No Good Deed

By Ewan Lawrie

Moffat the Magniloquent along the Mississippi

Friday, 27 April 2018

14 Days, 2 Weeks, A Fortnight

Whichever way you look at it, you 34 have taken No Good Deed a fifth of the way to it's target, that is 20% of the way to publication. Thank you! And double gratitude is due to those of you who, having seen Gibbous House to paper and ink status, have generously got on board the Unbound bus again.

Can I ask you the favour of spreading the word? Tell your friends, or share a Facebook post or retweet something, if that's your bag. If not, don't worry. All I ask is that you don't stop the updates from Unbound. I'd like to keep you abreast of developments and occasionally share material from No Good Deed or on other subjects.

Only yesterday I learned of the passing of an old friend. He died in a freak accident on his croft in Scotland involving an escaped bull. He was a very special guy, and we used to laugh about things Scottish and Gaelic when we were far from home, often in bars.

Anyway, one of the things we used to laugh about was the Wee Free sin of wearing...

[Image was of a pair of brown shoes being sold on e-bay by a Sassenach who had moved to the Islands of Scotland]

Brown Shoes on Sunday

The shoes tap-tapped on the stone flags. It was the only sound in the kirk. The Minister had fallen silent at the opening of the door. Cold air accompanied the newcomer in, colder looks followed his back. There was no whispering. Not in the house of God. But there would be gossip later. The man took his seat on the plain hewn pew. At the front, on the left. Many would have expected him to take the sinister side. Gazes were averted on the bestowal of a smile. Sinful, that. Anyone would tell you.

Mrs McLeod , for one, though an incomer. Her tight lips disapproving, while her fingers knotted in her gloves. Undeterred, the man continued to smile at one and all: from the high to the low, the devout to the hypocritical, the Islanders to the incomers.

The Minister took up the thread of his sermon at last. The rage had gone from his voice; he rubbed his eye with a forefinger from time to time, as if reminded to check for motes. The man of God's dry voice closed his lesson uncertainly and called the faithful to silent prayer. Heads bowed; some more than others. The service was over. Island people followed the minister out into the rain in silence. Hands were hurriedly shaken outside the kirk; enquiries made about the health of loved ones; insincere compliments paid about the preaching.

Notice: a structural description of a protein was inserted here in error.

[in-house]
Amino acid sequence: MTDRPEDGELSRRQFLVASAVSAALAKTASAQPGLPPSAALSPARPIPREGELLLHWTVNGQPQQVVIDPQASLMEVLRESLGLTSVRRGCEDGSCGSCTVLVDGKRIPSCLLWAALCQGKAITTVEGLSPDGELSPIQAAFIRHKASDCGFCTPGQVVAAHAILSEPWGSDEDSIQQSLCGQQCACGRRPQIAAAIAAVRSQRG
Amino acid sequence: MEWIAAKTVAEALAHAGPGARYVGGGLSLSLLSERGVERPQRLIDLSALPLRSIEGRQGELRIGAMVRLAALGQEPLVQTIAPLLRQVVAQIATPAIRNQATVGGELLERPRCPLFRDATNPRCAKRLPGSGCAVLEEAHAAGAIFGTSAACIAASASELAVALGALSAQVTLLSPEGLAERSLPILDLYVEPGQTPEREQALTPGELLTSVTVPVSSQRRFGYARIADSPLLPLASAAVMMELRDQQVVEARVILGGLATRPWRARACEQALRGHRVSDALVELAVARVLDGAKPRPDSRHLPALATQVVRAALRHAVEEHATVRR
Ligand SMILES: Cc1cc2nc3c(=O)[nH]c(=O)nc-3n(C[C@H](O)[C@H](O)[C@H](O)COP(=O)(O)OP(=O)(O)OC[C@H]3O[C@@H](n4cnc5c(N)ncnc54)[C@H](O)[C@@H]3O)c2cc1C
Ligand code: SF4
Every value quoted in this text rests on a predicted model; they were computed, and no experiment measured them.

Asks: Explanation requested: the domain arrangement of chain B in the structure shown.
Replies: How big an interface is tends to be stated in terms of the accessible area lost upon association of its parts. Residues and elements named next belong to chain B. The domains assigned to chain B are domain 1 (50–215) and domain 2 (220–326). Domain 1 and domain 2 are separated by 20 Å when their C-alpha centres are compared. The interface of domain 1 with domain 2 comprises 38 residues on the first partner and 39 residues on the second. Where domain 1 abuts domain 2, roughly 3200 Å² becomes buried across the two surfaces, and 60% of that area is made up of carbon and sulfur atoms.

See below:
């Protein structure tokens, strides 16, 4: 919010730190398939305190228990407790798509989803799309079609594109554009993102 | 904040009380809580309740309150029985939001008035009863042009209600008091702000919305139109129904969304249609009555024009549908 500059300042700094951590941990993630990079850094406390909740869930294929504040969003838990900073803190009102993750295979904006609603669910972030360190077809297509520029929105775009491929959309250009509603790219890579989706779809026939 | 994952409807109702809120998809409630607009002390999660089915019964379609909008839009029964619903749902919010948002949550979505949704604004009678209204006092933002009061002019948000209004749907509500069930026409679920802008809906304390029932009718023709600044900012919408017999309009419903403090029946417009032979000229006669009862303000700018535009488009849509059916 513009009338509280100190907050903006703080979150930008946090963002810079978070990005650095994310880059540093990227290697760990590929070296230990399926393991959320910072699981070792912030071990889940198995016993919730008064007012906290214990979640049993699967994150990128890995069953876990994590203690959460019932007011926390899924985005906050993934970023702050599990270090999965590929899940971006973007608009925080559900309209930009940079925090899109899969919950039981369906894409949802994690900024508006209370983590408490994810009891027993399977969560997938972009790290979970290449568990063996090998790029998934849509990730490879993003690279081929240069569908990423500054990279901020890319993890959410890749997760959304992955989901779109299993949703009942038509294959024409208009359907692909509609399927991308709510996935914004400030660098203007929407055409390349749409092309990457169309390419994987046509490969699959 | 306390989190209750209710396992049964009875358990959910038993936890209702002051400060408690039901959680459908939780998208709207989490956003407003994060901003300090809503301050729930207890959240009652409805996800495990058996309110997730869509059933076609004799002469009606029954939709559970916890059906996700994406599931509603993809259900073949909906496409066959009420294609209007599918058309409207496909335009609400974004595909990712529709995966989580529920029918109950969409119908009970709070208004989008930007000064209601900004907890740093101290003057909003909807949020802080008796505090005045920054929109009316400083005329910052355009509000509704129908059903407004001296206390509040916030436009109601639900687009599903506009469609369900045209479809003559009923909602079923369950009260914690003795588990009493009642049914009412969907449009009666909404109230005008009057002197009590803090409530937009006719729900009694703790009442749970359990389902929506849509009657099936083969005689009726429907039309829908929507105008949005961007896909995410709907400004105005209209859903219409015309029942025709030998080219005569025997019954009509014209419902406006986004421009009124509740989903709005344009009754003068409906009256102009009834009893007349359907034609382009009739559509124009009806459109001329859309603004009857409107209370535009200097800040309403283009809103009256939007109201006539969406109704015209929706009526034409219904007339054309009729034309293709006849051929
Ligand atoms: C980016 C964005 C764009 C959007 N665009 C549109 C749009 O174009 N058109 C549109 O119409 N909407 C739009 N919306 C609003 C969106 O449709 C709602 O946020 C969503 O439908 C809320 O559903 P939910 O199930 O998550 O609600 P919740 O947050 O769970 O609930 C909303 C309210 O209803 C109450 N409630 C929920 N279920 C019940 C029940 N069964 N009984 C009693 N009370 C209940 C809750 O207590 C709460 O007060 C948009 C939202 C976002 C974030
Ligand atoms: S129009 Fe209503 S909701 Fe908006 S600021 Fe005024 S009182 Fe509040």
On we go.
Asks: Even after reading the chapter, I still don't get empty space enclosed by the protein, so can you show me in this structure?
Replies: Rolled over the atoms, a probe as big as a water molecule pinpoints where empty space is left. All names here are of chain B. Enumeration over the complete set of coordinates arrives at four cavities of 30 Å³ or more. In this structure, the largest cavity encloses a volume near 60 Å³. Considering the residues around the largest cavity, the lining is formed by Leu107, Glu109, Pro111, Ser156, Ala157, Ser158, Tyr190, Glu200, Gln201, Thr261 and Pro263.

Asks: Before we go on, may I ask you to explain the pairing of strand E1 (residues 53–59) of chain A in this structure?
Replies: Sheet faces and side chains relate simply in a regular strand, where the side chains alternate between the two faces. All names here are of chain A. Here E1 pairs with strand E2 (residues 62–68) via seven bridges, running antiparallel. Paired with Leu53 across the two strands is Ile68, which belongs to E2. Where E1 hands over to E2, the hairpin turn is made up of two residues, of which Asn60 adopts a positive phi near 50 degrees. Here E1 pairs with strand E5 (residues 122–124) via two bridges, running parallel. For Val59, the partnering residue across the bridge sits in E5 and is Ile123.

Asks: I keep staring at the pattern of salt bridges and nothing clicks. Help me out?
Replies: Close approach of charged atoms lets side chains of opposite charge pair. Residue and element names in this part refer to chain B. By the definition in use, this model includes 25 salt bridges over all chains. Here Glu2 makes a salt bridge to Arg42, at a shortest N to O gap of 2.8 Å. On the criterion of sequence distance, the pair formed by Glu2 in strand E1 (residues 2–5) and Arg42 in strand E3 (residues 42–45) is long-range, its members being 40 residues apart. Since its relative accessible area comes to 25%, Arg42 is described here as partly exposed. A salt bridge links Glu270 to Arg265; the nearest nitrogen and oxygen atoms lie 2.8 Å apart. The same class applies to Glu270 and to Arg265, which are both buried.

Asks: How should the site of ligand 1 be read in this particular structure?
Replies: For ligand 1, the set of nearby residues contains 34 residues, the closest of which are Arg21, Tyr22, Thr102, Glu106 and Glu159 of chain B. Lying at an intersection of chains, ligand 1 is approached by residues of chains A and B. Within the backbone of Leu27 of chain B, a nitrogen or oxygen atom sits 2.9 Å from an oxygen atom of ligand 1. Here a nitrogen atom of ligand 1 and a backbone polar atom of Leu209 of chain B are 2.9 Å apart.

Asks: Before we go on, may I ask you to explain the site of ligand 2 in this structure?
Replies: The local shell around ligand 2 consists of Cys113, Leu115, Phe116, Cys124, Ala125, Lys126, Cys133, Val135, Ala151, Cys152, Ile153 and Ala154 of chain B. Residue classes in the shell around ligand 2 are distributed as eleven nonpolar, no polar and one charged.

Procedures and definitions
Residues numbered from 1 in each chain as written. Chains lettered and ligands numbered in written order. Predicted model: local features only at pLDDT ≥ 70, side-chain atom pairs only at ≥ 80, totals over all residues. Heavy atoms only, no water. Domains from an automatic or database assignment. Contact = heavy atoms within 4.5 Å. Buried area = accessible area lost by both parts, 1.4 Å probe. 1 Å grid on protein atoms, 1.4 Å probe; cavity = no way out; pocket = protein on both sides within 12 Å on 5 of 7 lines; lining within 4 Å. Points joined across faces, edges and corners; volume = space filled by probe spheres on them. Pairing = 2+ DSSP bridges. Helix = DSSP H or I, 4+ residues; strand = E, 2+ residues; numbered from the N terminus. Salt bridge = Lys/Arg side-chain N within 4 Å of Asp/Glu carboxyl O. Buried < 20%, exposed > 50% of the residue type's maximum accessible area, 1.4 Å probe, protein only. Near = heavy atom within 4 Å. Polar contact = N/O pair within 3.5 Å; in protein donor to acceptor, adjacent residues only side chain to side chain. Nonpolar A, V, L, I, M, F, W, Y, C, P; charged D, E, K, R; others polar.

Last to emerge was the smiling man. The minister took his hand in a fingertip shake.

'Welcome back, Hamish.' he said looking in vain over the man's shoulder. 'It hass bin a long time, hass it not?'

'It has Donald. It has.' His smile grew wider as the Minister's fingertips drew away.

'You'll not be long here?' The gaunt face tried a smile, perhaps against the Minister's wishes.

The laugh was shocking in the teeming rain:

'Are you asking when I came, or when I'm going, Donald?'

'The both off them.' he said

The man laughed again.

'A truly highland welcome: 'here's you-wer hat ant h-were's you-wer hurry, iss it?'

The Minister scowled:

'You are quick to mock the island ways for one born upon it.'

'Donald, Donald. Where does it say in your good book that there should be no music and laughter?'

The man shook his head, pulled the Minister close to embrace him. Mrs McLeod, freed from the vow of silence imposed by the service, gave a loud tut. The man turned to look at the woman.

'Shona, how are you? It's been-' Her pinched mouth opened and cut him short:

'No' long enough, Hamish.'

She spat on the flagstones at his feet. The minister inhaled sharply, but succumbed to the pull of his wife's hand on his arm. Hamish watched the pair walk down the path to the manse. The minister's head turned at the last, a half-raised hand waved in farewell to his older brother.

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